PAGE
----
It may come as a surprise to some of you to learn that unlike how trials are portrayed on TV, in fact, trials are not about surprising the other side. The “Perry Mason” or “Matlock” moment when an attorney pulls out a secret document to the amazement of the judge, jury, and spectators usually does not happen and is not even allowed.
This is because there is a complex process that happens before trial called discovery. This is when both sides are compelled to provide all the evidence they intend to admit at trial if they are asked for it by the other side.
How to ask for the other side’s evidence and what to ask for is another topic for another day. But what you may not know is that you do not have to turn over every piece of information you have even if you are asked for it. Some information is protected, or considered privileged information, while some information you think should be privileged actually is not.
The general rule is that anything you tell your attorneys once you have an attorney-client relationship, is privileged. Nobody can ask you what you told your attorney or what he or she told you and your attorney can never divulge voluntarily what you have said.
What many people forget is that third parties who may hear what you told your attorney are not protected by the privilege. For example, if you speak on the phone with your attorney and a co-worker is in the room with you and hears what you are telling your attorney, that co-worker has no attorney-client privilege and can be compelled to tell the other side what you told your attorney.
This is common with in-office consultations. Many people want to meet with their attorney with a trusted friend at their side. That friend can be compelled to say what he or she heard you tell your attorney. This is why injury attorneys often will only want to meet with the potential clients themselves.
Additionally, handing something to your attorney does not make it confidential. In other words, let’s assume that you have a hospital record. You give that to your attorney. The hospital record was not an attorney-client privileged document before you gave it to your attorney, so it does not transform into one afterwards. Generally, if something is not privileged, it will not become privileged just by giving it to the lawyer.
Medical records carry their own protections under federal HIPAA laws, which make all medical records private. If you file a lawsuit alleging injury, you have put your medical health “at issue,” which acts as a waiver of the privacy that you would normally have in your medical records.
To some extent this makes sense. You can not say you are injured but refuse to give any medical records showing how badly you are injured or which allow the other side to evaluate your injuries.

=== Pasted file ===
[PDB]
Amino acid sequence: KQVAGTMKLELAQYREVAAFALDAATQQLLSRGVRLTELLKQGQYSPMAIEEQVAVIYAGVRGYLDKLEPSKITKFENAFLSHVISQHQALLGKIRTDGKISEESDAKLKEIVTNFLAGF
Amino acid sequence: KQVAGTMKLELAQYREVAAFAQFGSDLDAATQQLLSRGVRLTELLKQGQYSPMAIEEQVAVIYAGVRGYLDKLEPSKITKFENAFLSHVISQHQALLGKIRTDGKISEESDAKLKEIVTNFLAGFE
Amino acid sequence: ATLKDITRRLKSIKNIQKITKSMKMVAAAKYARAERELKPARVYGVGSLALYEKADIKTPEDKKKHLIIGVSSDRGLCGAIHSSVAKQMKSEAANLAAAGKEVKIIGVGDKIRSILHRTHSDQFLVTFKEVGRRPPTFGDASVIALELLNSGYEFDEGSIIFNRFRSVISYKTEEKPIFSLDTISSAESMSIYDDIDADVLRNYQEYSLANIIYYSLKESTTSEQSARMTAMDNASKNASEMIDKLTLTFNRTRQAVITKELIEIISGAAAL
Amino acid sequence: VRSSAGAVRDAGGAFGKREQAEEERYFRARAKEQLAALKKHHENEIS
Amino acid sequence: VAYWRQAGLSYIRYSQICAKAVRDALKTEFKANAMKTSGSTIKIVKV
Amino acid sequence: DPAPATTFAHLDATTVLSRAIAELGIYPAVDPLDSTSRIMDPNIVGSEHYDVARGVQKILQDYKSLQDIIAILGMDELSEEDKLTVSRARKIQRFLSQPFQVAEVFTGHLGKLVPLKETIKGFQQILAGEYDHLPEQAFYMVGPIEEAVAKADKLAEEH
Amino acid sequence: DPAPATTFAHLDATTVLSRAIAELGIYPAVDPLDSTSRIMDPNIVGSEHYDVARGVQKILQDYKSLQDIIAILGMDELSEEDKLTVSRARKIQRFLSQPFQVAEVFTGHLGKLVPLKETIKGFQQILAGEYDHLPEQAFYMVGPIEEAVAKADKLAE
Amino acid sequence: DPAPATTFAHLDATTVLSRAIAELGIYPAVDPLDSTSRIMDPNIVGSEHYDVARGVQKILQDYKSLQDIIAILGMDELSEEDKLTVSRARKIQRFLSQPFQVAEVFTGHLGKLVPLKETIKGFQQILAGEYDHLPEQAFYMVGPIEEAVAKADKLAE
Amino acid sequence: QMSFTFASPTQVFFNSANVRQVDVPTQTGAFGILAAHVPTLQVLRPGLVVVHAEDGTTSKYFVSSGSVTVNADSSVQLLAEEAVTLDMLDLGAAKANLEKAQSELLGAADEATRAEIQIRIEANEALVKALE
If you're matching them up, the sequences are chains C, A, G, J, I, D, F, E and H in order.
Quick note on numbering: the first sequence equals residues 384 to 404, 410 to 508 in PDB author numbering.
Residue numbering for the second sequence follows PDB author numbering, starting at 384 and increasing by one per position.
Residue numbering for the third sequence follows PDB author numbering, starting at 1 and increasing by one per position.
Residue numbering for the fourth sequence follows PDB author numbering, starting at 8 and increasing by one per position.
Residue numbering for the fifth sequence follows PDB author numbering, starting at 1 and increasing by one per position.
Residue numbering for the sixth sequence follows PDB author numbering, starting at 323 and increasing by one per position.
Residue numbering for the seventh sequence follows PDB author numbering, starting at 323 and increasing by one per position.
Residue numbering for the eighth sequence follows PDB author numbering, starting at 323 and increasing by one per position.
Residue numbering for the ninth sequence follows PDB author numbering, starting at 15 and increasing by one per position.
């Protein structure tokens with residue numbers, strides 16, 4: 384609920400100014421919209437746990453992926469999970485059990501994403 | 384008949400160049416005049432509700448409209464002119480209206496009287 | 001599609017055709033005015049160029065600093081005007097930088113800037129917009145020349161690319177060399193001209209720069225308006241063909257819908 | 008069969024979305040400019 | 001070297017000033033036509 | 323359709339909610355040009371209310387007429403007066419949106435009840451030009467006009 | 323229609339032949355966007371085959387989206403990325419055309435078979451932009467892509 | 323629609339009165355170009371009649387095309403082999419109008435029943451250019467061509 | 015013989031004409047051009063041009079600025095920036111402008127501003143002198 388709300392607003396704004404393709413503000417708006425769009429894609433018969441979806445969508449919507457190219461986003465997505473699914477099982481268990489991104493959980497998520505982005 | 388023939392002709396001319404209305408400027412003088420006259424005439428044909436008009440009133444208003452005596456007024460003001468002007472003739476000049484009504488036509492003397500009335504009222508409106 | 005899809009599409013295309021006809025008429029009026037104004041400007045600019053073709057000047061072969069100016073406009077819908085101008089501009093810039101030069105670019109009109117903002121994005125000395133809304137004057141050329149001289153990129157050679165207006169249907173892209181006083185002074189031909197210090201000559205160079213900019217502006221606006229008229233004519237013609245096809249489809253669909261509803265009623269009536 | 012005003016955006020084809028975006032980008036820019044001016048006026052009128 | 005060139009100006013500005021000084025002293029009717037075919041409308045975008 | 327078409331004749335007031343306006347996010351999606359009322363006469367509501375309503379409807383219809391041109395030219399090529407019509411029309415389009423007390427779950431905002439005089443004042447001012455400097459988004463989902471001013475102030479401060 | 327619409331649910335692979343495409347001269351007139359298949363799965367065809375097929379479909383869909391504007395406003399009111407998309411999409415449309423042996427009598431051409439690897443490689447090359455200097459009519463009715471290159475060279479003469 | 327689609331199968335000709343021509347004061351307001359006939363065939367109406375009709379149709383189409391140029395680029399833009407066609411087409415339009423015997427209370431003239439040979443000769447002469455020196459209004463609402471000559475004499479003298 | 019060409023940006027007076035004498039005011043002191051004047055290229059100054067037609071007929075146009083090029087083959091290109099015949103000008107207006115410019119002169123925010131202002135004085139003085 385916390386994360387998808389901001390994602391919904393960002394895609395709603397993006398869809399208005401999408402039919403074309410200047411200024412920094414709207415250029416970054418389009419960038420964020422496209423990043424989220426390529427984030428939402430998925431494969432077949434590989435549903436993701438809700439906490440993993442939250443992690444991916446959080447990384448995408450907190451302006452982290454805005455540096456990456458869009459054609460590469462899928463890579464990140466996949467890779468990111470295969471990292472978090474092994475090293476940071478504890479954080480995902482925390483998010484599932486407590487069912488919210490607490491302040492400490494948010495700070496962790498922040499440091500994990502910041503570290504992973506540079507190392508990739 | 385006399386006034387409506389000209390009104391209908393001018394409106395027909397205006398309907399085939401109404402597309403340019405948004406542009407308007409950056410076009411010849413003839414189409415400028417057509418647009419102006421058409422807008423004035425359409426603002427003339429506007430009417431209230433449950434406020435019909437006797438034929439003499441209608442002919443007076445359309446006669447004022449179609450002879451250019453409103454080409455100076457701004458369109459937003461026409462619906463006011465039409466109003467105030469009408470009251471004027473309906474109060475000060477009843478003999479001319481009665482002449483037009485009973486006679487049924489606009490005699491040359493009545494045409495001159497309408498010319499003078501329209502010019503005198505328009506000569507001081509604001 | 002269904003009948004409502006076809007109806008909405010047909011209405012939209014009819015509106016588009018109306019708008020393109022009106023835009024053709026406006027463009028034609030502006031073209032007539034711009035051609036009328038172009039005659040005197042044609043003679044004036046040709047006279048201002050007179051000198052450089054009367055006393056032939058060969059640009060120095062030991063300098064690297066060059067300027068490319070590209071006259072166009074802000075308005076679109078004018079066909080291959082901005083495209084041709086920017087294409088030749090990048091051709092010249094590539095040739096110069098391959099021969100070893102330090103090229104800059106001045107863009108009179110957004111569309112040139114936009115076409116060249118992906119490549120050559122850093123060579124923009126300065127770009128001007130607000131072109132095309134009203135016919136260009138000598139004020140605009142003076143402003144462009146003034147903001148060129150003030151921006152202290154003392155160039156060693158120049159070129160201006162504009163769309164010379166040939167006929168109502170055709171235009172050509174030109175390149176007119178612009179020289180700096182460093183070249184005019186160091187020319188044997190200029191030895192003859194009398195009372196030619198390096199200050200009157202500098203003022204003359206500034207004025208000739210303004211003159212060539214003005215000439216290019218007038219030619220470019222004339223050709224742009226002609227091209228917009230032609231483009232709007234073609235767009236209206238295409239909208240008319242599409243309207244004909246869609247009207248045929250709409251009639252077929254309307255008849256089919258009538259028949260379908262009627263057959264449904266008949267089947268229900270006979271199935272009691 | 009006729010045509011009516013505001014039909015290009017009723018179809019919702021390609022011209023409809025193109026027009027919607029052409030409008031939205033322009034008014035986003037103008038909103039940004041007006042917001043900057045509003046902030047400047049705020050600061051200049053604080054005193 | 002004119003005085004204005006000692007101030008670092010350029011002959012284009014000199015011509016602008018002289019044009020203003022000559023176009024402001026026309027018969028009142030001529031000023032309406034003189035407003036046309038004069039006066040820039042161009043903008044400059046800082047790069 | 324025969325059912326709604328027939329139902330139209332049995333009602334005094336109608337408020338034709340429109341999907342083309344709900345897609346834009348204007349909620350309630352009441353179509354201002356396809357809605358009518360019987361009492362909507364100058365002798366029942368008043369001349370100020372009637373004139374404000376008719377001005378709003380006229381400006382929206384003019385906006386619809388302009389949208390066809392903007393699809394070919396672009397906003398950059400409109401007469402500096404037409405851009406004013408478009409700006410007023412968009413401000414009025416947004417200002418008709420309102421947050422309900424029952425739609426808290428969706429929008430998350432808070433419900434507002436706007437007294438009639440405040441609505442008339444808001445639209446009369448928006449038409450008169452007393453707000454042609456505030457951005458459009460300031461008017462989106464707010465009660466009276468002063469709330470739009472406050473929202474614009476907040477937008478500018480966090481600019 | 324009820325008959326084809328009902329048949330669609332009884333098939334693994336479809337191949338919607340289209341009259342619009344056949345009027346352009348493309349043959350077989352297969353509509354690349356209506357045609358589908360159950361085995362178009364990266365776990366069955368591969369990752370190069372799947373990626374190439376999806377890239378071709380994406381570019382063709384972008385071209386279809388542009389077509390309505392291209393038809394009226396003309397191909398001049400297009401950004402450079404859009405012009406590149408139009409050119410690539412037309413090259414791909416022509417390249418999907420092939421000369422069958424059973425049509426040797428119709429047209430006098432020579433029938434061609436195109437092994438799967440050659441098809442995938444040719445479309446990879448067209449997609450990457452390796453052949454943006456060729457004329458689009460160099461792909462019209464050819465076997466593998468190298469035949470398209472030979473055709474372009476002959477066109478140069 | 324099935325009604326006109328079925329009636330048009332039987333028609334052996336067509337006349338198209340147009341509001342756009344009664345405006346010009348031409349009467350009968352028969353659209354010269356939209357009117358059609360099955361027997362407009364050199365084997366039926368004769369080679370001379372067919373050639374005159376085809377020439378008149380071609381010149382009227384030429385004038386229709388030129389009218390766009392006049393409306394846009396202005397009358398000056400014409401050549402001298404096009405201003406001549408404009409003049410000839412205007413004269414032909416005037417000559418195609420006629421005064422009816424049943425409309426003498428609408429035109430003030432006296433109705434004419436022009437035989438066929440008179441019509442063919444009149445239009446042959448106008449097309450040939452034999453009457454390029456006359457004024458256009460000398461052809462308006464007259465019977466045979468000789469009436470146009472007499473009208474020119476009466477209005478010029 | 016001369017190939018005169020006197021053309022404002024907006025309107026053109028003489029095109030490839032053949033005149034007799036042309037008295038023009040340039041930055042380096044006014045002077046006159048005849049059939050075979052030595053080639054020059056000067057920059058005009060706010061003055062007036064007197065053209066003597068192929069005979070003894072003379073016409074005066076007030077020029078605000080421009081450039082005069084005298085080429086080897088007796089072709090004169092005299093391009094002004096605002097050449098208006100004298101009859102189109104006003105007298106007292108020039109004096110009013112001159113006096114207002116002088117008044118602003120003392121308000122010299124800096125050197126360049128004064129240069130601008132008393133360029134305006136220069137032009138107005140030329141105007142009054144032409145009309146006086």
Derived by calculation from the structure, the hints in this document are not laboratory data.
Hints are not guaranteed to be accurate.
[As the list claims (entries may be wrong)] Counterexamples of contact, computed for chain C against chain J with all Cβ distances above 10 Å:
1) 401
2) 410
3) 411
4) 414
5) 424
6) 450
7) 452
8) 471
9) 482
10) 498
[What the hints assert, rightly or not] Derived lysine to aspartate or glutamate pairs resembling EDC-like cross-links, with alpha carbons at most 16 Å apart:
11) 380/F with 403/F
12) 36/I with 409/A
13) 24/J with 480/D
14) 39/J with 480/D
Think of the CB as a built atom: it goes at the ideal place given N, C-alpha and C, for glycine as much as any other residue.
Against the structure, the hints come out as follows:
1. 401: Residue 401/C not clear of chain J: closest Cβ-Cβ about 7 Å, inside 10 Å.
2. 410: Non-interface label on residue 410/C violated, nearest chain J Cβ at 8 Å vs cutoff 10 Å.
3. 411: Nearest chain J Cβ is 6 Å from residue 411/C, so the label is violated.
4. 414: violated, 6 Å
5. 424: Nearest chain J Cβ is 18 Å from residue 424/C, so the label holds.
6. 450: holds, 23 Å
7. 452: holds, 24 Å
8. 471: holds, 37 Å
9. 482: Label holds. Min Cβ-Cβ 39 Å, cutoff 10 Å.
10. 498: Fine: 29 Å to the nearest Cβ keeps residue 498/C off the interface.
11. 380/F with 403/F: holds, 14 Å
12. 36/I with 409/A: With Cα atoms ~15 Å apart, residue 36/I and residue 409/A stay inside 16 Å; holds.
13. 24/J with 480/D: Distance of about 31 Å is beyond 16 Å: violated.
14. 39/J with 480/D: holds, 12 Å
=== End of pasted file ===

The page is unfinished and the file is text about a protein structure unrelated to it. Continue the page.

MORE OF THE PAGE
Some medical records may still keep their protections even if your health is an issue in your case. Records of psychological treatment (if your mental health is not an issue in the case), addiction, and other sensitive medical areas may be shielded if they have nothing to do with your case at all.
Work product is a common area in which attorneys will object to providing information. Work product is anything that you do, say, or create in the process of preparing for litigation. So, for example, if you give your attorney a written list of your injuries that you created, that may be work product. If your attorney creates a list of questions he wants to ask the defense expert, or a chart of the strengths and weaknesses of your case, those may be work product.
However, work product must be given to the other side (again, if they ask for it), if you intend to use the information at trial. So, for example, surveillance video is normally work product. However, if an attorney intended to show the jury the video, it would have to be provided to the other side before trial.
If something is work product and the attorney will not be using it at trial, it can not be compelled to be shown to the other side, but its existence, as well as the circumstances surrounding the potential evidence could be divulged. For example, with our surveillance video example, even if the video is work product and thus privileged, the party could still be compelled to tell the other side that they have a video, when it was taken, and who (what company) took it.
Florida recognizes that we tell our spouses our most private thoughts and feelings and that this is a practice that should be encouraged. For this reason, Florida also has a husband and wife communication privilege. A spouse cannot be compelled to divulge what the other spouse told him or her.
The privilege only applies when the parties are legally married, but it does survive divorce. Additionally, it only applies to words, not observations. A spouse could be compelled to say she saw her husband lift heavy items at home after an accident, because that is just an observation.
Like all other privileges, it can be waived if the parties voluntarily disclose something that is overheard by others or not kept private. This means that conversations in public places could lose privileged status.
This is not an exhaustive list of privileges—there are therapist privileges, trade secret privileges, constitutional privileges, and even those that are based on contract (for example, a nondisclosure agreement which may bar disclosure). You should take this information as a reminder that your privileges are valuable and can protect you, but can also be lost if information is not protected and if objections to their disclosure are not made.
Make sure the other side only gets the evidence to which they are legally entitled and that your conversations and information are protected during your injury trial. Contact Brill & Rinaldi today for a free consultation to discuss your injuries if you are in an accident.